‘Let’s call it what it is’: Hall of Famer Nik Lewis takes aim at Alouettes for putting ‘bullseye’ on fired head coach Khari Jones

Photo courtesy: RFB Sport Photography/CFLAA

Hall of Fame receiver Nik Lewis says he holds his former teams to a higher standard than any others and right now, the Montreal Alouettes are not living up to his expectations.

Sitting at 2-6 after another disappointing loss to the Winnipeg Blue Bombers, the Alouettes are struggling to break out of their early season slump. In an appearance on The Rod Pedersen Show on Friday, Lewis — who played in Montreal from 2015 to 2017 — became the latest CFL personality to take aim at the team and owner Gary Stern for their mid-season firing of head coach Khari Jones.

“They hadn’t made the playoffs since 2013; Khari comes in and makes the playoffs right when he takes over, makes the playoffs the next year after that and then the owner puts a bullseye on his head before the first game this year,” an exasperated Lewis told listeners.

“I even tweeted that last night. How do you put a bullseye on his head before game one and now it’s crickets when you clearly should have won those first two games?”

General manager Danny Maciocia pulled the trigger on Jones and defensive coordinator Barron Miles during the team’s Week 5 bye, forcing his way down onto the sidelines after a 1-3 start to the season. The team has posted an identical record since but hasn’t looked improved despite the coaching change, with Maciocia flubbing the transition in a way that  Lewis simply can’t forgive.

“You’re coming off a bye week, you should have won the first two games,” he stated. “It’s an over 80 percent chance to win when you change head coaches in the first game and they didn’t. The only team they beat was Ottawa.”

Maciocia cited persistent discipline issues as the reason for firing Jones, but that issue has only gotten worse since he took the reins himself. In the first four games of the season, the Alouettes committed 31 penalties for 275 yards. In the four games since the change in leadership, they’ve been flagged 37 times for 442 yards.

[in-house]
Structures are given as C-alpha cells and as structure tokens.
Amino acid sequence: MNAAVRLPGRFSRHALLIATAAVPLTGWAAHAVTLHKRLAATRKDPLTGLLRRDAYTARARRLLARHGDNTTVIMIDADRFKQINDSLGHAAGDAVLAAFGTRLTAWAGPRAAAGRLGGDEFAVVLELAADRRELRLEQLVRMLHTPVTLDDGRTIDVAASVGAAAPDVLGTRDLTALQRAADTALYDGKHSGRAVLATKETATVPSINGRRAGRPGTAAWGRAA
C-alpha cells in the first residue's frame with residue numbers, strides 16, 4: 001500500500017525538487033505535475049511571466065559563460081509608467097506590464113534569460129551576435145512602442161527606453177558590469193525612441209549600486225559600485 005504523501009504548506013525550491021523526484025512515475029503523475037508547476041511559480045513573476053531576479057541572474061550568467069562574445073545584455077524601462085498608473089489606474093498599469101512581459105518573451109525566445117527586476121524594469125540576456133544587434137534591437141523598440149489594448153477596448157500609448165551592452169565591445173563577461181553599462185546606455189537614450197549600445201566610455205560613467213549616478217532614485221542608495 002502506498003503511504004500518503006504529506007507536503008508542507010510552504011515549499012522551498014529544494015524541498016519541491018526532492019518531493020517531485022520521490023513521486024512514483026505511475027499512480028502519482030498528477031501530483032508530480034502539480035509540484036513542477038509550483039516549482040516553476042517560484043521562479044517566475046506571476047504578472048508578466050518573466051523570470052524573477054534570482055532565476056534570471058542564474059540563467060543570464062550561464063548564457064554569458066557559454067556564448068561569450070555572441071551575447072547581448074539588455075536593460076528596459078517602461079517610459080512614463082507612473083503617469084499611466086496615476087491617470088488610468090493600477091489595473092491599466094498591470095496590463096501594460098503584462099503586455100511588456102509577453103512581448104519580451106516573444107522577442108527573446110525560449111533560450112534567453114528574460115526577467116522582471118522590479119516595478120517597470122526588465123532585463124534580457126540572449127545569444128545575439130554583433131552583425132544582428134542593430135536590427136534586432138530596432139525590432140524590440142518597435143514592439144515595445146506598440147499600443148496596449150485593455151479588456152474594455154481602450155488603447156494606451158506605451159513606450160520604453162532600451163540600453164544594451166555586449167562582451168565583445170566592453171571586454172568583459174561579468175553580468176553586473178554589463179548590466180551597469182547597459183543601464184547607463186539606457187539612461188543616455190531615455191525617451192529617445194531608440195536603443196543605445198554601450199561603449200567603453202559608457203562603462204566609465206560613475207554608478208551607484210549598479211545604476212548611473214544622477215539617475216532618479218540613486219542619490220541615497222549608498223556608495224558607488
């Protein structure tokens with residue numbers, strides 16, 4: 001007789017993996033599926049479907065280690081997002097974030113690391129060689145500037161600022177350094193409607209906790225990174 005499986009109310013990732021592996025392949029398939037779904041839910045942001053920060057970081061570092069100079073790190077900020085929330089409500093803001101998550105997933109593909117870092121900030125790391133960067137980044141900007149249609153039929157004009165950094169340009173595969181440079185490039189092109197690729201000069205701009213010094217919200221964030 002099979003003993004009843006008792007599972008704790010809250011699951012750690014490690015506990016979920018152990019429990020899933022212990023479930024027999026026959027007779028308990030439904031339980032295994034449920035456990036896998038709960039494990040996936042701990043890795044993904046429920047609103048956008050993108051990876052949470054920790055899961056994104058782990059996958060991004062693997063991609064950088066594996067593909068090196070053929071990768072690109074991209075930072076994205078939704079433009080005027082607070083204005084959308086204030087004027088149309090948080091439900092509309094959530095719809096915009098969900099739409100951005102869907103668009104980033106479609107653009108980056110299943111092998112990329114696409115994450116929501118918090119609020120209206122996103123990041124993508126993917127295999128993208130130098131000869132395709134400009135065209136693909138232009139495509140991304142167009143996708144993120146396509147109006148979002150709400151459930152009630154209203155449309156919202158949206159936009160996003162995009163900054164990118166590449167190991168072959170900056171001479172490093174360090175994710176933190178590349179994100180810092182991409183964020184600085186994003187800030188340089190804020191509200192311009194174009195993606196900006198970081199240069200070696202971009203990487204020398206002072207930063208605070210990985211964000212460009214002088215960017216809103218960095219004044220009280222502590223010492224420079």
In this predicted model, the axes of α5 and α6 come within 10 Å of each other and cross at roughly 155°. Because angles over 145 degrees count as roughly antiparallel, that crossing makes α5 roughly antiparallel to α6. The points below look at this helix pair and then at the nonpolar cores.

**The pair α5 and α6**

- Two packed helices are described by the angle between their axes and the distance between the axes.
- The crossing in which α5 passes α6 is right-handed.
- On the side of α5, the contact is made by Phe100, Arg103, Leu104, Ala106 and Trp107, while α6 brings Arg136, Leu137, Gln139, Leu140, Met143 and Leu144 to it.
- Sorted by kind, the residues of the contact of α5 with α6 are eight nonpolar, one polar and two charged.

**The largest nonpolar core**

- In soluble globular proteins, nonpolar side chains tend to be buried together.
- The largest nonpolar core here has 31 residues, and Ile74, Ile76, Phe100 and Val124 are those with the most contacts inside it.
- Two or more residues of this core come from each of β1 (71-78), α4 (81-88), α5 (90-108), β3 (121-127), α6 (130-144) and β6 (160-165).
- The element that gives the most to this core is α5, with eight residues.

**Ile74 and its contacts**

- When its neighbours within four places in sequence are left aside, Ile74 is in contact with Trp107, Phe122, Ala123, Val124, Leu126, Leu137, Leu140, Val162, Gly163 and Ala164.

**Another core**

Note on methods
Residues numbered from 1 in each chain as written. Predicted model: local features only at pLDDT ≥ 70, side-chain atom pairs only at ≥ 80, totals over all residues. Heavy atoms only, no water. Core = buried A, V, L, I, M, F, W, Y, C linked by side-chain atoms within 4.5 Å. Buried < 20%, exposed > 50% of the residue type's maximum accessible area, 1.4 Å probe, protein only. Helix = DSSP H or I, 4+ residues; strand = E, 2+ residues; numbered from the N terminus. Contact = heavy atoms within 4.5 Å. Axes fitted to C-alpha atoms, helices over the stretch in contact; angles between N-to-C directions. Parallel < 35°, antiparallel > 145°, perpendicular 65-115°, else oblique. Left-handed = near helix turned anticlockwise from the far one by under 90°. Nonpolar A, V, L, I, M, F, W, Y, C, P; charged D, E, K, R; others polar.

Like most around the CFL, Lewis believes the discipline storyline was simply an excuse constructed by Maciocia to justify the inevitable, allowing him to live out a dream of coaching the Alouettes alongside new defensive coordinator Noel Thorpe.

“Come on, man, let’s call it what it is. They wanted to get rid of people,” Lewis insisted. “I think the play for Danny Maciocia was always to be the head coach. I personally believe him and Thorpe are good friends, I wouldn’t be surprised if they try to make Thorpe the head coach next year.

Those within the Alouettes organization have refuted those allegations, including outspoken owner Gary Stern. The Ontario-based steel magnate has dominated the CFL headlines this season due to his penchant for bold declarations on social media, but Lewis believes he hasn’t said nearly enough publicly about Maciocia’s poor performance.

“They’re no better, they’re no more disciplined, and I don’t hear anything out of that owner’s chair right now. It’s only crickets,” he accused. “But when Khari was the head coach, it seemed like something was going wrong.”

While right now the cost of those decisions may only be a mediocre season for the Alouettes, Lewis warns that the consequences will only grow. As more former players voice their criticism of Montreal’s management, the team’s reputation could be irreparably harmed.

“If you don’t respect your players, you don’t respect your coaches or organization, it can become a real bad situation,” Lewis cautioned. “When you’re a player, you look at all those things. How do players get treated by the team? How is the owner? How are all these things when I’m going to play somewhere? Then you become a place that you have to overpay everybody to go play there.”